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Ten Disciplines for a Deeper Theological Life

By Karen Petersen Finch, Ph.D., M.Div.

Karen FinchIn fall 2014, I spent four months in dialogue with Roman Catholic theologians at Boston College. In addition to being accomplished scholars and generous people, my dialogue partners were students of Bernard Lonergan, a Canadian Jesuit priest, philosopher and theologian who died in 1984. One lesson to which Lonergan always returned was the value of self-awareness in theology. In any given moment, as we think and talk about God, are we interpreting Scripture; are we remembering history; are we answering difficult questions? In other words, theology is a blend of interrelated tasks; we need to know what they are so that we can do them more effectively. It isn't only academic theologians who need this self-awareness, for everyone who thinks about God engages in at least some of these disciplines.

Following are 10 disciplines for theologians – and for laypeople, clergy and academics –that can provide the "bone structure" of a deeper theological life.

  • Scripture plus one: In addition to making reading the Bible part of our everyday experience, it is enriching to have at least one seasoned theological "voice" walking through Scripture with us. Add one theologian to your daily reading, if only just a few sentences.
  • Sharpen your grasp of Christian history: To me, the fact that the Gospel has produced the same challenges and errors over and over again in history is evidence of its truth. Christians before us have crafted thoughtful answers to such questions as, "Is Jesus fully divine?" They knew the pressures of thinking theologically in times of conflict. We need the same skills today.
  • Identify your interpretive tendencies: Do you tend to unite the Testaments in your theological thinking or do you find that you separate them? Do you interpret the more difficult passages by means of the more straightforward ones? In any case, whatever your tendencies are, know what they are so that you can replace them with better ones if needed.
  • Engage with the "other": As the boundaries of Christendom shift and change around us, believers who are at home in more than one tradition will be increasingly valuable to their communities. And there is no better way to know your own tradition's theology than to compare or contrast it with the traditions of other Christians.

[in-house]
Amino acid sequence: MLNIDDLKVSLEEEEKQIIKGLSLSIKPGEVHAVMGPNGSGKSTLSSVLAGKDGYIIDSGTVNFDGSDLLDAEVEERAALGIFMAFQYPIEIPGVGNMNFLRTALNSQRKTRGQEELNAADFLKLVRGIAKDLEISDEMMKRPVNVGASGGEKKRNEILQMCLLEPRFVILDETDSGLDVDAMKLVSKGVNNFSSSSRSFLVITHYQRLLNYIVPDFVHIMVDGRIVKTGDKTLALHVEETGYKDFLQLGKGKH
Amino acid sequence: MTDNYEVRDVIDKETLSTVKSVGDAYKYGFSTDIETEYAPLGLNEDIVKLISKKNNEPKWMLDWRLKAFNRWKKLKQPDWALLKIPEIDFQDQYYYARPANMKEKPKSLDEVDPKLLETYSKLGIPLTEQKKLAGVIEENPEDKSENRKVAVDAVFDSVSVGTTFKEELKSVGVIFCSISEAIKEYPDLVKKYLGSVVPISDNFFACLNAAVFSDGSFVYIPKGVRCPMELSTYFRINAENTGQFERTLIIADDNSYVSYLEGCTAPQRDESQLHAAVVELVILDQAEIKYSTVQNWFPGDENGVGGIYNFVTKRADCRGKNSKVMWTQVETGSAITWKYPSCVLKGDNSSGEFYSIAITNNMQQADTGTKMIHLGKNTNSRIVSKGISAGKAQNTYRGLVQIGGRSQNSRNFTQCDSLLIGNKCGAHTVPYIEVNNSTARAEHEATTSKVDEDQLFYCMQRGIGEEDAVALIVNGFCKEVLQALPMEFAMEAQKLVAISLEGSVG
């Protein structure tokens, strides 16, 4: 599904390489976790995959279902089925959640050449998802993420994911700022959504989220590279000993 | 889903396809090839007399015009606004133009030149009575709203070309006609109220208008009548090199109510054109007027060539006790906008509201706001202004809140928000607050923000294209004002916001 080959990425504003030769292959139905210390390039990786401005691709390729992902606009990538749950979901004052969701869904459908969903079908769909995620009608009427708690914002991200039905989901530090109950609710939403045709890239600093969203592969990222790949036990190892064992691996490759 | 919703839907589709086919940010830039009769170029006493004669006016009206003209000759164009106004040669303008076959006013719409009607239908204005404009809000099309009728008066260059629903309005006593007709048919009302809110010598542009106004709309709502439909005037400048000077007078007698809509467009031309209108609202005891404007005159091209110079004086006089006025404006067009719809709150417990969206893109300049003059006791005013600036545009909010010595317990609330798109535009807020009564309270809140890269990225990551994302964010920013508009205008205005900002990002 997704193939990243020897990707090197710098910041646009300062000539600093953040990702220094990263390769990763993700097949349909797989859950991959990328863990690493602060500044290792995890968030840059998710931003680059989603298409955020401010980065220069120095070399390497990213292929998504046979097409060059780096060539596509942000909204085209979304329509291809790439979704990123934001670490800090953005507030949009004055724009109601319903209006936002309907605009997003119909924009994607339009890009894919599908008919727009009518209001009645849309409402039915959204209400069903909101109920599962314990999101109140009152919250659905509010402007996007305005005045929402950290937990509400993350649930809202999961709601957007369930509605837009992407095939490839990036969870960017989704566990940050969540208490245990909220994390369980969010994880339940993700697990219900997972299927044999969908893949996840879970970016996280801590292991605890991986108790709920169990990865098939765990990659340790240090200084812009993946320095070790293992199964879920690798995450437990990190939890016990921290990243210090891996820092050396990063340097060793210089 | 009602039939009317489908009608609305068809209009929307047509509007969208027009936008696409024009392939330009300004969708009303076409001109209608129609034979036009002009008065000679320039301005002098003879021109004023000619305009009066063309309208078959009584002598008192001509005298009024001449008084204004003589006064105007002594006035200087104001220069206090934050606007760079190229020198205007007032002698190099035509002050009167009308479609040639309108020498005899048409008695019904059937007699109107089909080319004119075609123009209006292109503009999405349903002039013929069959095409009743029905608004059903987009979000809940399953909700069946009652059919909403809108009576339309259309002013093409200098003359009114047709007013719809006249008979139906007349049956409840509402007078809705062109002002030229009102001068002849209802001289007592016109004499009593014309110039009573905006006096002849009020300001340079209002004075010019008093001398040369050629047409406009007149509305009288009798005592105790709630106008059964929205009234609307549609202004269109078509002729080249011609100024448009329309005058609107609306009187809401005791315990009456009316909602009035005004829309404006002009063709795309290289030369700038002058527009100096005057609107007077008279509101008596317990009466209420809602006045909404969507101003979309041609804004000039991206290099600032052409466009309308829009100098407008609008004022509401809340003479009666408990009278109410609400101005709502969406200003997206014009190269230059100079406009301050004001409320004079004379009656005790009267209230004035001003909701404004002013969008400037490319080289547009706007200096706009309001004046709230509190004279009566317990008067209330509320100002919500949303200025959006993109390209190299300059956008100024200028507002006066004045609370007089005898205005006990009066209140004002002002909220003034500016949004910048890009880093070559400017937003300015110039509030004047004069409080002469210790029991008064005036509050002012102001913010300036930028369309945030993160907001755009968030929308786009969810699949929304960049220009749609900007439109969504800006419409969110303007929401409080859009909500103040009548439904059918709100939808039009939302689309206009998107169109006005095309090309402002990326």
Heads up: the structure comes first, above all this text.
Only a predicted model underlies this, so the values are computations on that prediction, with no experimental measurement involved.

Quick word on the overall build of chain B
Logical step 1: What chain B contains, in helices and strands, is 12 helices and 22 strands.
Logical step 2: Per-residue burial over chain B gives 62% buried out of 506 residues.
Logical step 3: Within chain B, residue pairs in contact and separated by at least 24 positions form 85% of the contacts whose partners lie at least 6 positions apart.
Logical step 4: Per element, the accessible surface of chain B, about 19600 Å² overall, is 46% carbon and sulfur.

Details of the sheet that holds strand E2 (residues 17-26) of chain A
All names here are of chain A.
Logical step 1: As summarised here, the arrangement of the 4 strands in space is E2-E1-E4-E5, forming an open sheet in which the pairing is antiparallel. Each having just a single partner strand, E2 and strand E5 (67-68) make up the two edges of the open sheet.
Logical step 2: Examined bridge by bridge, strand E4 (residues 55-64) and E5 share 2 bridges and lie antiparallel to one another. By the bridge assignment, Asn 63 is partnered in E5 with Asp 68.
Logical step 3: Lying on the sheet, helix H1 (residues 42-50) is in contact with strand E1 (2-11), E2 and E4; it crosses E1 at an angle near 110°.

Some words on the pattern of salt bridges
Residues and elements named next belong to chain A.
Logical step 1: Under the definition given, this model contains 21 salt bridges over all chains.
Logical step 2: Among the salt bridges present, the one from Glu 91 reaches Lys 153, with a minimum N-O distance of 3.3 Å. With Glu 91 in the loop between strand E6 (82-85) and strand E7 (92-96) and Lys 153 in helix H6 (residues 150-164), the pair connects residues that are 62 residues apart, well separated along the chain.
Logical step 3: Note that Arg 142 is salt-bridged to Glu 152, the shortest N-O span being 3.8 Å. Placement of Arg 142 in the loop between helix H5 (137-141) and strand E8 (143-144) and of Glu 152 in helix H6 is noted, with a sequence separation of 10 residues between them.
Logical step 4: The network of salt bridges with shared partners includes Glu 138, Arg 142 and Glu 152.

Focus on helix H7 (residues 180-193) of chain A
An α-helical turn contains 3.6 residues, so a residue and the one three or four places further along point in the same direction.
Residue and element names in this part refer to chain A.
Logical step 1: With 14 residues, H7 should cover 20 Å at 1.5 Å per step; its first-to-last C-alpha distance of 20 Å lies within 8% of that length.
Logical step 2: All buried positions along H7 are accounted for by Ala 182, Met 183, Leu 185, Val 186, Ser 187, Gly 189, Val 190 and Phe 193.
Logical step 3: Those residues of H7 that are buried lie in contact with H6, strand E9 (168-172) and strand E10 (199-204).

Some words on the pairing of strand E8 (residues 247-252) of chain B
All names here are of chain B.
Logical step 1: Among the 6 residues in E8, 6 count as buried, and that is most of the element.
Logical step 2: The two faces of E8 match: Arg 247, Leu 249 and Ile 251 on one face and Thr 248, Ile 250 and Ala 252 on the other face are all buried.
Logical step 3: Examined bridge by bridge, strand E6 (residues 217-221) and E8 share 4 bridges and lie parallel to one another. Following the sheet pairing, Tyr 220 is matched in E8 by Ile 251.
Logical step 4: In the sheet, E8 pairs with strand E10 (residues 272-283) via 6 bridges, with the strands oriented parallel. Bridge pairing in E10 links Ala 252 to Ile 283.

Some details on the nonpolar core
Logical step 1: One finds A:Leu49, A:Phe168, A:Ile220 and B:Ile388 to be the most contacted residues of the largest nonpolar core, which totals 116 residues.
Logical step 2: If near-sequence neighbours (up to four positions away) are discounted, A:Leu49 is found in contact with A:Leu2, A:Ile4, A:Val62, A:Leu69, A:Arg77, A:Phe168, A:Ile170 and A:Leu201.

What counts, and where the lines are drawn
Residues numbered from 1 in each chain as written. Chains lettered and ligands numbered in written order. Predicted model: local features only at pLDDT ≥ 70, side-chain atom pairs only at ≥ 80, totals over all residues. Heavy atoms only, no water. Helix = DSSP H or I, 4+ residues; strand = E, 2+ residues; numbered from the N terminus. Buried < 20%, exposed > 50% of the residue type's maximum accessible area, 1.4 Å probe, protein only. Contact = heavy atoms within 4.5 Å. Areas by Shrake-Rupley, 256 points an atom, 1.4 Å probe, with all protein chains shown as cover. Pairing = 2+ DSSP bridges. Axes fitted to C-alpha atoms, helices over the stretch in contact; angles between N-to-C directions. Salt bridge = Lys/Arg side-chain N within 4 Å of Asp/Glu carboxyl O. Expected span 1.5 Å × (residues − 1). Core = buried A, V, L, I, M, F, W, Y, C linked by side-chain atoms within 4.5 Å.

• Be aware of the connections between your personal history and your theology: Iris Murdoch, the Irish novelist, once said, "To understand a philosopher, know what he fears." The same is true for theology. We are all drawn to certain theological positions in part because of our histories, our wounds and our joys. To be aware of this makes us infinitely more teachable.
  • Be consciously Christocentric: Resolve to know "nothing but Christ and Christ crucified" (I Corinthians 2:2). When I teach on the character of God, we look at God's classical perfections – justice, mercy, holiness, patience – and then we do an exercise to demonstrate that all of God's attributes are evident in the cross. Not one is missing.
  • Be consciously Trinitarian: Theology is organic by nature. The position you take on one topic will affect the positions that you take overall. Therefore, if you have a robust Trinitarian theology, those connections are more likely to be healthy connections and not confused ones.
  • Don't be afraid to come to conclusions: Our cultural moment is characterized by polarization. We are afraid to speak definitively about what we believe, with the result that we may not say anything at all. It is possible – and very Christ-like – to have convictions but to hold them with humility. And because this attitude is rare today, it is all the more winsome to unbelievers.
  • Monitor your lived theology: If I talk about humility in an arrogant way, that's not winsome at all. I need someone else to tell me when my lived theology is in conflict with what I speak and write.
    (This is what university colleagues are for, but friends and family do just as well.)
  • And finally, last and first, pray: There is no true theology without prayer. Prayer transforms us over time so that our theology may become an expression of wholeness/holiness. Theology limps after Spirit-directed prayer, which beholds God as God is: So pray.

Karen Petersen Finch is an assistant professor of theology at Whitworth. She was awarded a fall 2014 postdoctoral research fellowship at the Lonergan Institute at Boston College, in Boston, where she studied John Calvin, Thomas Aquinas, and the doctrine of the church.